Najib said that the founding principles of Islam encouraged female participation.
He said that all countries stand to benefit from the economic empowerment of women, noting World Economic Forum research that shows greater equality and higher per capita income are closely related.
“The Quran and the Hadith are clear: learning is an honorable pursuit, regardless of gender. The acquisition of knowledge is binding for all Muslims.
“Those who argue against educating women do so as a result of a cultural bias, one which frustrates the aspirations of Muslim women – and holds back economies,” he in a speech to the World Islamic Economic Forum in London today.
The Prime Minister also pointed to successful majority Muslim countries that have made huge progress in empowering women.
He noted that 13 Muslim countries produce more science and engineering graduates than the United States, while in Malaysia almost two-thirds of students enrolled in tertiary education are women.
But he also noted there was work still left to be done. According to the World Bank, of the bottom 20 nations for female labour participation, 19 are majority Muslim countries.
“All countries stand to benefit from the economic empowerment of women. For ageing societies, it represents a welcome boost to the workforce. For the poorest countries, positive impacts on education, health and development. And for the developed world, productivity gains and a rebalancing of growth,” he said.
He noted that in some countries, girls are falling behind where their right to learn itself is being challenged.
“This right is being defended so honourably by the inspirational Malala Yousafzai. So, we owe it to girls like Malala to deliver the best educational opportunities we can,” he said.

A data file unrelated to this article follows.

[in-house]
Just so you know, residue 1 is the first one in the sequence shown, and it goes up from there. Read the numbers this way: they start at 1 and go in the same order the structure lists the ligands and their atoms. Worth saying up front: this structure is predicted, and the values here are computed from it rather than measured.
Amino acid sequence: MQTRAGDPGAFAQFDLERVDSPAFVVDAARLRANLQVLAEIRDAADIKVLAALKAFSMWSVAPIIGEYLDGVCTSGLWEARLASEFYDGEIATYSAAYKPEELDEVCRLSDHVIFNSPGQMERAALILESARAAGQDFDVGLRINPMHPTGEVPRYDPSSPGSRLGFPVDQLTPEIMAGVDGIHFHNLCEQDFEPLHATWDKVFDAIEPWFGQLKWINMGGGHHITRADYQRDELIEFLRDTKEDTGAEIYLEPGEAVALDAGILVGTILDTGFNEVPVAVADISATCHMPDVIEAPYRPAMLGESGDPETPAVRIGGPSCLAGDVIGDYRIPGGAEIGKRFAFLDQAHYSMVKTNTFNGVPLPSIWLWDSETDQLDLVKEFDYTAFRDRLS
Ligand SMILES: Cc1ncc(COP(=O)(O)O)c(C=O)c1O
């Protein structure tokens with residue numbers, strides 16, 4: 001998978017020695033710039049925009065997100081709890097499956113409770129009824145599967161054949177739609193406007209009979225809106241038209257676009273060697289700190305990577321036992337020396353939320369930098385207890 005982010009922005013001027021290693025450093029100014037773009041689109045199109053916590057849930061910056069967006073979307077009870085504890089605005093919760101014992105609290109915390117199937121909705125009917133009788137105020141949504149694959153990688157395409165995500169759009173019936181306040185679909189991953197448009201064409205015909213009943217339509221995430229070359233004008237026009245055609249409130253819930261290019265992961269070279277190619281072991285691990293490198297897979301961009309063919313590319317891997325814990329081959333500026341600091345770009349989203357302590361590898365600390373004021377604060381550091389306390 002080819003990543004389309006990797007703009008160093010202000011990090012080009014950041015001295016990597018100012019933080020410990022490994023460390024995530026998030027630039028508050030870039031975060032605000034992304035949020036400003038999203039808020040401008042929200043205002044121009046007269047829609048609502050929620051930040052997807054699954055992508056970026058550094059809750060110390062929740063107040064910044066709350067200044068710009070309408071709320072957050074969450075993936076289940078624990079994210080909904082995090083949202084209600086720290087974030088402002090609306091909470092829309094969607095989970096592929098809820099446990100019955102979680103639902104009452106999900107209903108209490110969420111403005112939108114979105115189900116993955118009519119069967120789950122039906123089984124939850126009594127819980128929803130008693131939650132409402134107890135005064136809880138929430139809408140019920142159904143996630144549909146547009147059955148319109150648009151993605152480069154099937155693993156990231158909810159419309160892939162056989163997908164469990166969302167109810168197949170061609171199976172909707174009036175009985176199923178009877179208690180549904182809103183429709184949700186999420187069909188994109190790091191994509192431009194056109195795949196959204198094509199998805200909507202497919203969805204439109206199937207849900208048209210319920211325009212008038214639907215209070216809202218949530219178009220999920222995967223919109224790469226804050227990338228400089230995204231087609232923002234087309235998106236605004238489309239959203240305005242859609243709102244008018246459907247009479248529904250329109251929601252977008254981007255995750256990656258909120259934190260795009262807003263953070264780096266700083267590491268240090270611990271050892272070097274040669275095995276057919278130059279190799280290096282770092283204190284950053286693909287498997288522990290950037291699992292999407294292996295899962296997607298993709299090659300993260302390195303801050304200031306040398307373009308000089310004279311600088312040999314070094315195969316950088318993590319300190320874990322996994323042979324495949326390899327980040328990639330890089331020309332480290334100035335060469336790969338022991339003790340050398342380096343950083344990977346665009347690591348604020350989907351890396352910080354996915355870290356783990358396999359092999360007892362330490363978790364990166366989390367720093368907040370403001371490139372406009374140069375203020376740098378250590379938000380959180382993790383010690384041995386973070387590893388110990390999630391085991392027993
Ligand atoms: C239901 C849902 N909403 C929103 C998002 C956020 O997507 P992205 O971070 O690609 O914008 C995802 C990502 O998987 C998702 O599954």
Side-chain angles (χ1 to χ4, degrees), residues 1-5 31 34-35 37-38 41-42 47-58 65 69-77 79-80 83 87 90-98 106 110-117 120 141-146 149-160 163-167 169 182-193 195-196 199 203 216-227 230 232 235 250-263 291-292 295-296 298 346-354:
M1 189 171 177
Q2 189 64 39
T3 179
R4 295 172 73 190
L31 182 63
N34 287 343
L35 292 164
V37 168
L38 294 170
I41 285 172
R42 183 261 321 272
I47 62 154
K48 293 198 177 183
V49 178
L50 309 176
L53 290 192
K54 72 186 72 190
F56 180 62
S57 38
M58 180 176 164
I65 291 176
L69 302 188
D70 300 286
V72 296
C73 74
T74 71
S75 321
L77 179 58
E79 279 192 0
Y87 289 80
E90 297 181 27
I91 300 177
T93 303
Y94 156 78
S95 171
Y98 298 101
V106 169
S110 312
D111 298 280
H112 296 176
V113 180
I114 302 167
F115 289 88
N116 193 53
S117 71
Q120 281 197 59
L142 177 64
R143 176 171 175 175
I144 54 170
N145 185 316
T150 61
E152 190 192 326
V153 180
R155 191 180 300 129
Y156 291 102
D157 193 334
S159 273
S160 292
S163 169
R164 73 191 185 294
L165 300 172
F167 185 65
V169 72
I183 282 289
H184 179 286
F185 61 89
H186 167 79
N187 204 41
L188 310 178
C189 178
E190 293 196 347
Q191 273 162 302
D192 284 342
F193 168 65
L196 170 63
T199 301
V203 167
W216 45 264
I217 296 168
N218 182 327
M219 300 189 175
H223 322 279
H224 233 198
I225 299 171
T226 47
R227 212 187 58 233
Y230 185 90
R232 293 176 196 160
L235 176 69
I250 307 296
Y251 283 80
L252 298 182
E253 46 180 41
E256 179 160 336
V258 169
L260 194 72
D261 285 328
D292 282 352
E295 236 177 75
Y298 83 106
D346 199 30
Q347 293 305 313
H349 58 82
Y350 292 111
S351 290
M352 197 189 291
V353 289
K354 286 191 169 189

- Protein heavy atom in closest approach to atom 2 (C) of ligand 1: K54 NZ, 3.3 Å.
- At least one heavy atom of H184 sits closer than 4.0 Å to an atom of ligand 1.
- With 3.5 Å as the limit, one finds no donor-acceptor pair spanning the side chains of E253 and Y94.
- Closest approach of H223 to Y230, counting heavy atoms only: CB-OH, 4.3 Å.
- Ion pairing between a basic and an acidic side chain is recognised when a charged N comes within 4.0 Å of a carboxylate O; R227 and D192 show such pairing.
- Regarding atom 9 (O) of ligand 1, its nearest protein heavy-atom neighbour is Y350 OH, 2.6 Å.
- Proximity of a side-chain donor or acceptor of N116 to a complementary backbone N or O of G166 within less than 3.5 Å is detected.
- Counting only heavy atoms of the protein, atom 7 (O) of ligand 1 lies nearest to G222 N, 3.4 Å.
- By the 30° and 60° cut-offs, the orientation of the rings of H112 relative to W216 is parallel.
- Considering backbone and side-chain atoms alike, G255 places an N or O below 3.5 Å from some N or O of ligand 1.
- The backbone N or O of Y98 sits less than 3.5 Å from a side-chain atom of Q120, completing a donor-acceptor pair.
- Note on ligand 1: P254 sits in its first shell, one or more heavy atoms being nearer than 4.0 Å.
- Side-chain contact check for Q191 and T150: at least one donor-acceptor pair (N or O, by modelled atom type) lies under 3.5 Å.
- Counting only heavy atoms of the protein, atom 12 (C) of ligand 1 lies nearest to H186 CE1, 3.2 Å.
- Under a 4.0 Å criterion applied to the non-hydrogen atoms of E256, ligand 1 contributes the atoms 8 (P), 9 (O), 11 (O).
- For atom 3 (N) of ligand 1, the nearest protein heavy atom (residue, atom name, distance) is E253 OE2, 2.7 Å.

Najib further said that although the Muslim world was taking positive steps on education, they were falling behind on workforce participation.
He also said Malaysia has set an ambitious target – women must account for 30% of senior decision-makers and corporate boards in two years, which is three times the global average and more than double the figure in the US, not far behind global leaders such as Norway.
Najib said the decision-making skills and risk awareness that prove so useful in the corporate world should be brought to bear in the public sector too.
“When I took office four years ago, women occupied just 18% of the top posts in Malaysia’s civil service; today, thanks to targeted training and support policies, it is 33%,” he said.
He noted that seven of Malaysia’s government departments are led by women, with Malaysian Central Bank Governor Tan Sri Dr Zeti Akhtar Aziz being one of the world’s first female central bank governors.
“She is an example to young Muslim women around the world; her success shows that the glass ceiling can be broken, for the benefit of all,” he added.
Source: The Malaysian Insider